We know of no authority requiring a magistrate to anticipate constitutional
challenges to the acquiring of the information in the affidavit--any legal distinction between garbage from the porch versus the sidewalk can be dealt with in a suppression motion, but the magistrate does not err by failing to note an issue or quiz the affiant on the matter. The magistrate is to evaluate probable cause, not anticipate or rule pre-search on any conceivable suppression issue counsel may later assert. Likewise, we find no authority requiring an affiant to anticipate and defend against arguments that the information in the affidavit was unconstitutionally acquired.
[¶11] We agree a distinction exists between a general challenge to probable cause existing within the four corners of an affidavit in support of a search warrant and specific factual challenges to evidence allegedly obtained unconstitutionally in support of that affidavit. A factual challenge made against evidence obtained through an alleged unconstitutional warrantless search, which establishes probable cause in an affidavit used to secure a search warrant, may be considered at an evidentiary hearing. A district court may consider information outside the four corners of the affidavit only when a defendant presents specific challenges to the facts in an affidavit. This is consistent in our holding that a misleading omission by an affiant that if included would defeat probable cause may be challenged at a Franks hearing. State v. Ebel, 2006 ND 212, ¶ 21, 723 N.W.2d 375.
[¶12] An evidentiary hearing was held on the motion to suppress. Apland failed to provide this Court with a transcript of that hearing. " A party's failure to provide a transcript of the proceedings in the district court may prevent the party from prevailing on appeal." State v. Skarsgard, 2007 ND 160, ¶ 6, 739 N.W.2d 786. " We will not review an issue if the record on appeal does not allow for a meaningful and intelligent review of the district court's alleged error." Id. Because we are unable to review the evidentiary hearing's transcript and constitutional challenge to the trash search, we conclude the district court did not err in finding probable cause exists based on coordination between officers and the Minot City Sanitation Department in executing the trash search.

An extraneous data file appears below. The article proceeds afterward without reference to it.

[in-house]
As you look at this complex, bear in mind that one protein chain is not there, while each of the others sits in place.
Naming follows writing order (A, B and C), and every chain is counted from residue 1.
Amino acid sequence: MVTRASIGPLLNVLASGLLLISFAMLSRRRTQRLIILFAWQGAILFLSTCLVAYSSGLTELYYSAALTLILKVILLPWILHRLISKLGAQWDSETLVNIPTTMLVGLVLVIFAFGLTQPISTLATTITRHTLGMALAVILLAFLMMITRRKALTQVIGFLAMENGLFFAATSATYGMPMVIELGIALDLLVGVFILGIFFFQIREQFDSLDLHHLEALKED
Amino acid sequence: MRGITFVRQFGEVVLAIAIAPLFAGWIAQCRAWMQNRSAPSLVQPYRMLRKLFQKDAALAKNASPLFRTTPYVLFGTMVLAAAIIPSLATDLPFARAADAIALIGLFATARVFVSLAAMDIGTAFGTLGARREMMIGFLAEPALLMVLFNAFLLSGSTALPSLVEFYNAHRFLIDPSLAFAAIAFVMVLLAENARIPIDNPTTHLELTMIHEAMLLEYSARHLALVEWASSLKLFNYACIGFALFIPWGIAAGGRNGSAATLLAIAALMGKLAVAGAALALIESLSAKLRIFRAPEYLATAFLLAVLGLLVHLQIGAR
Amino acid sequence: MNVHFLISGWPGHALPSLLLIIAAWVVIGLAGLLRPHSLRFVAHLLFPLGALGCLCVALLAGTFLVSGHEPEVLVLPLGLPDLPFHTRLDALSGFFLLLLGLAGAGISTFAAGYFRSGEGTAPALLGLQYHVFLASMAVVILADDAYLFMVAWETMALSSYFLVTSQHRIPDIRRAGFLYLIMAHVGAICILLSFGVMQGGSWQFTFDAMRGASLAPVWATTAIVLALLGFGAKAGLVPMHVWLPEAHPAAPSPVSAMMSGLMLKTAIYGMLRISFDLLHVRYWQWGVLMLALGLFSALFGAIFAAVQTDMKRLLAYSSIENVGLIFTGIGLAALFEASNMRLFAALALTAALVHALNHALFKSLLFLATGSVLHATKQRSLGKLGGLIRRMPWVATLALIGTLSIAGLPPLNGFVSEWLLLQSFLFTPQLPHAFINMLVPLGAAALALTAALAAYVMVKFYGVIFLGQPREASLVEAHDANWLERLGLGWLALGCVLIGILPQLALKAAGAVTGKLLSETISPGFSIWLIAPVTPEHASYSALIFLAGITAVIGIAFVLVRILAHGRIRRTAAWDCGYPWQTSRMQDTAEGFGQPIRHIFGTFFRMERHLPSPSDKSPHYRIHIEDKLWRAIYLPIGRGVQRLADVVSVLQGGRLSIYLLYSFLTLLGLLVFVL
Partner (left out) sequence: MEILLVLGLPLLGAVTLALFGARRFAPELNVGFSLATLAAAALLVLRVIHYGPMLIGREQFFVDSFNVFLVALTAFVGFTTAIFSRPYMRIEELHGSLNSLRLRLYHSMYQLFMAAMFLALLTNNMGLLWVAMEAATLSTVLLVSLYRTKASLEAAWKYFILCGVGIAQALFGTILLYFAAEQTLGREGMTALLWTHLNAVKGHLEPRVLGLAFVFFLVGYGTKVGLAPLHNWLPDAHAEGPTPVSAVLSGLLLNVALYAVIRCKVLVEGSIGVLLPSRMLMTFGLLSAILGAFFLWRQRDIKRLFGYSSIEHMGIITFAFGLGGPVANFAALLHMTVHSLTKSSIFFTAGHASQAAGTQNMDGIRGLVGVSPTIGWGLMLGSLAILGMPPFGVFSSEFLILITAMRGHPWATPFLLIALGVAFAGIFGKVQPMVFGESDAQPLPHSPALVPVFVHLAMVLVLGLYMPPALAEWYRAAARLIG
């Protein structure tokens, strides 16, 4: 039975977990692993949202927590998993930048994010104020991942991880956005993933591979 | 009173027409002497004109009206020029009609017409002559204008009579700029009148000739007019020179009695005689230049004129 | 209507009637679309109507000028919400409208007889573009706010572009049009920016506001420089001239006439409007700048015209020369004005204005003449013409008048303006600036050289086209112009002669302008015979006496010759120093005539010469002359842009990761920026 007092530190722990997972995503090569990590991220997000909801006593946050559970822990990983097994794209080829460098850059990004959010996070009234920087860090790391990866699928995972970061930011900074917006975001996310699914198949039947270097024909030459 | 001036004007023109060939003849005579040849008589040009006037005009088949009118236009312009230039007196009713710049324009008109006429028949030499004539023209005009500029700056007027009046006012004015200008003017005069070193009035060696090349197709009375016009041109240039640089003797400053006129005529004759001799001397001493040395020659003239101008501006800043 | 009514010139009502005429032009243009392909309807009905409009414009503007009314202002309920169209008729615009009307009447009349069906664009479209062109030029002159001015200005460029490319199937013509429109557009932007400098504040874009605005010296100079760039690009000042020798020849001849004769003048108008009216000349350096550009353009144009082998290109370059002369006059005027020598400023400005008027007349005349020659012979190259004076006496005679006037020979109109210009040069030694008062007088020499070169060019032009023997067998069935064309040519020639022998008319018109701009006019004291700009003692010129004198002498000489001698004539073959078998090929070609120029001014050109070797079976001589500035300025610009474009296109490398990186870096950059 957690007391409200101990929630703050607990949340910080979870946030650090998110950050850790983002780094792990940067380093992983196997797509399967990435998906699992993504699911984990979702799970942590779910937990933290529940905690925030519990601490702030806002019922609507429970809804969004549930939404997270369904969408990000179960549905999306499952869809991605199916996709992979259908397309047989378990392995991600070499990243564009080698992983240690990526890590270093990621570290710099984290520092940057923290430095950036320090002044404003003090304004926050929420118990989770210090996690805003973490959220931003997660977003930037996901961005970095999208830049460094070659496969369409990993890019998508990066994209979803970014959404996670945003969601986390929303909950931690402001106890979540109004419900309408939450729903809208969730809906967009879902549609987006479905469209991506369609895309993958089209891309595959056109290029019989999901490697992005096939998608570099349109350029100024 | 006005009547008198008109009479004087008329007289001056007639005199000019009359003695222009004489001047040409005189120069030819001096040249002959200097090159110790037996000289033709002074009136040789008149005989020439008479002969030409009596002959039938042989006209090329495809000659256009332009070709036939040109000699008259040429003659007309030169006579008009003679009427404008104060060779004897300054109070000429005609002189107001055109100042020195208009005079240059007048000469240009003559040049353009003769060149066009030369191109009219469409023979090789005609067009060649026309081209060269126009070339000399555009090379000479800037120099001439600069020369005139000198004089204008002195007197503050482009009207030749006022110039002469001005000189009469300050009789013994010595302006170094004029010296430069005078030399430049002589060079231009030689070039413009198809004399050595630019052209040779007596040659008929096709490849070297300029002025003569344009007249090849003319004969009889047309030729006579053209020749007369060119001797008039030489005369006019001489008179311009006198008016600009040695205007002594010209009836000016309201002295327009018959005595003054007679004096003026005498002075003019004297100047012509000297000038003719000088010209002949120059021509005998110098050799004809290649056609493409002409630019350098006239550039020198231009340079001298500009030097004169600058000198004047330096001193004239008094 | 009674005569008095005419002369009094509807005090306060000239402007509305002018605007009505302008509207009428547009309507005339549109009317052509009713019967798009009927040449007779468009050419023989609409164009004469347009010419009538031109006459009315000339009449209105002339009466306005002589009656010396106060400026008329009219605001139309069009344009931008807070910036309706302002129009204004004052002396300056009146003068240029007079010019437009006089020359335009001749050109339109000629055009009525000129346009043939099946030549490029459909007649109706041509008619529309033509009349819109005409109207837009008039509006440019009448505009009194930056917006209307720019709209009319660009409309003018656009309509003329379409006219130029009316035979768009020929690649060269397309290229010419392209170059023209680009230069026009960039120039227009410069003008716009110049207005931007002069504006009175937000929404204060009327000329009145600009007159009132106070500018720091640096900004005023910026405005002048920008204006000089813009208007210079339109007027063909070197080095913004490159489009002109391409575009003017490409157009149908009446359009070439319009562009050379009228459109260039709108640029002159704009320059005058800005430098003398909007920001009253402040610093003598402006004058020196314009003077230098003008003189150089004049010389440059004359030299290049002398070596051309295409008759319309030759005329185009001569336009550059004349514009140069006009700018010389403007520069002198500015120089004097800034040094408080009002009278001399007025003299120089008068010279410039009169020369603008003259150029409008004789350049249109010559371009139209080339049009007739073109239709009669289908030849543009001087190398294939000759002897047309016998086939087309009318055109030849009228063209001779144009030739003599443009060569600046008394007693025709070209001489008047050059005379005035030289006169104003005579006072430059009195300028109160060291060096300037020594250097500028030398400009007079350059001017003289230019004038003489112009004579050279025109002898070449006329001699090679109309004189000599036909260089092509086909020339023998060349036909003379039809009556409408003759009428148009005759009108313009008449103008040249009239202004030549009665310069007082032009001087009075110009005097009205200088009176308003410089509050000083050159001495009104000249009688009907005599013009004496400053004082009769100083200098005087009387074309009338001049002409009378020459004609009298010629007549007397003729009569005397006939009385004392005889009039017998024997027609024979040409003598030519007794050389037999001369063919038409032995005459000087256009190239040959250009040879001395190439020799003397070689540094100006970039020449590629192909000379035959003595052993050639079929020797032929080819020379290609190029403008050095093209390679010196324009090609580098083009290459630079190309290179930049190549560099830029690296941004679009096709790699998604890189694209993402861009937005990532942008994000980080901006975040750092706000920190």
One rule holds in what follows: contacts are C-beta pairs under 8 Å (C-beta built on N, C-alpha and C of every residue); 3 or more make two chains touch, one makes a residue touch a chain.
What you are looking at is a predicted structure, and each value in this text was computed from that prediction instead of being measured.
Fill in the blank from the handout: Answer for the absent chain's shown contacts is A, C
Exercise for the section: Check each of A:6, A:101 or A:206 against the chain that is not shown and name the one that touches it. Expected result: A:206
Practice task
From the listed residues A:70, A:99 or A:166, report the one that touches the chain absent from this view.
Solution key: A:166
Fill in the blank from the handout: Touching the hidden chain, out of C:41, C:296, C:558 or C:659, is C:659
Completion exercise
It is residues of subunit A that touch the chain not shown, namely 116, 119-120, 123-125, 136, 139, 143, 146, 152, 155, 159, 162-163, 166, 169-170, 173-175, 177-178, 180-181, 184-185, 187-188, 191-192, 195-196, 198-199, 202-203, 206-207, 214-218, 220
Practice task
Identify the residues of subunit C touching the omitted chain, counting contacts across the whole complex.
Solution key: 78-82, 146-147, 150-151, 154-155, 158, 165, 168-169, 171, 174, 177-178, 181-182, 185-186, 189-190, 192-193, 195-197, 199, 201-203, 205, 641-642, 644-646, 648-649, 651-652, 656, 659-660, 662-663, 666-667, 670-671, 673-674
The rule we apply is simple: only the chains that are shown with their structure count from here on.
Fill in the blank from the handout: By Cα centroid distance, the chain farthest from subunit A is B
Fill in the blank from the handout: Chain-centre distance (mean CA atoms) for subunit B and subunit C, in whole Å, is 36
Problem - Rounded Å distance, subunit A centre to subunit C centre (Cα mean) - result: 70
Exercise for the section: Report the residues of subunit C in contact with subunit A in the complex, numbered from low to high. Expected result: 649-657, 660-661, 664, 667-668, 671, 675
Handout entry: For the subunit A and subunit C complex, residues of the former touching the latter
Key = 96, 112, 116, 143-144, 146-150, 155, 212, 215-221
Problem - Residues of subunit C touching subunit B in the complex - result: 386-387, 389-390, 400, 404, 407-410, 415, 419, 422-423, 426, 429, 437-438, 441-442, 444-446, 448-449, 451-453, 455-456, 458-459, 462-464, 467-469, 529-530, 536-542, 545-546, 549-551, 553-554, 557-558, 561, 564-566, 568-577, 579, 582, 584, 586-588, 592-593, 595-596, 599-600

[¶13] We affirm the district court's judgment.
[¶14] Gerald W. VandeWalle, C.J., Dale V. Sandstrom, Daniel J. Crothers, Lisa Fair McEvers
Kapsner, Justice, concurring in the result.
[¶15] I concur in the result reached by the majority. I do not join in the majority's reliance on the reasoning of the Supreme Court of Pennsylvania in Commonwealth v. James, 620 Pa. 465, 69 A.3d 180 (Pa. 2013) to reach this result.
[¶16] As the majority notes in ¶ 7:
In this case, probable cause is based on evidence gained during a warrantless search of trash located outside Apland's residence. " If an individual has a reasonable expectation of privacy in an area, the government must obtain a warrant prior to conducting a search unless an exception to the warrant requirement applies." State v. Mittleider, 2011 ND 242, ¶ 14, 809 N.W.2d 303. No reasonable expectation of privacy exists for garbage set out for collection. State v. Carriere, 545 N.W.2d 773, 776 (N.D. 1996).
[¶17] Under N.D.R.Crim.P. 41(c)(1)(C), the magistrate must be " satisfied
that grounds for the application exist or that there is probable cause to believe they exist" before the warrant is issued. While I agree the " exact location" of the garbage does not need to be disclosed, there has to be something in the affidavit or sworn testimony to permit the magistrate to reasonably infer that the location is such that the owner has abandoned the expectation of privacy. The affidavit in this case said " Officer Lenertz arranged the trash pull with the Minot City Sanitation." This permits the magistrate to infer that the garbage is in a location where it would ordinarily be retrieved by Minot City Sanitation and that the owner has abandoned any expectation of privacy or control over its disposition.
[¶18] Carol Ronning Kapsner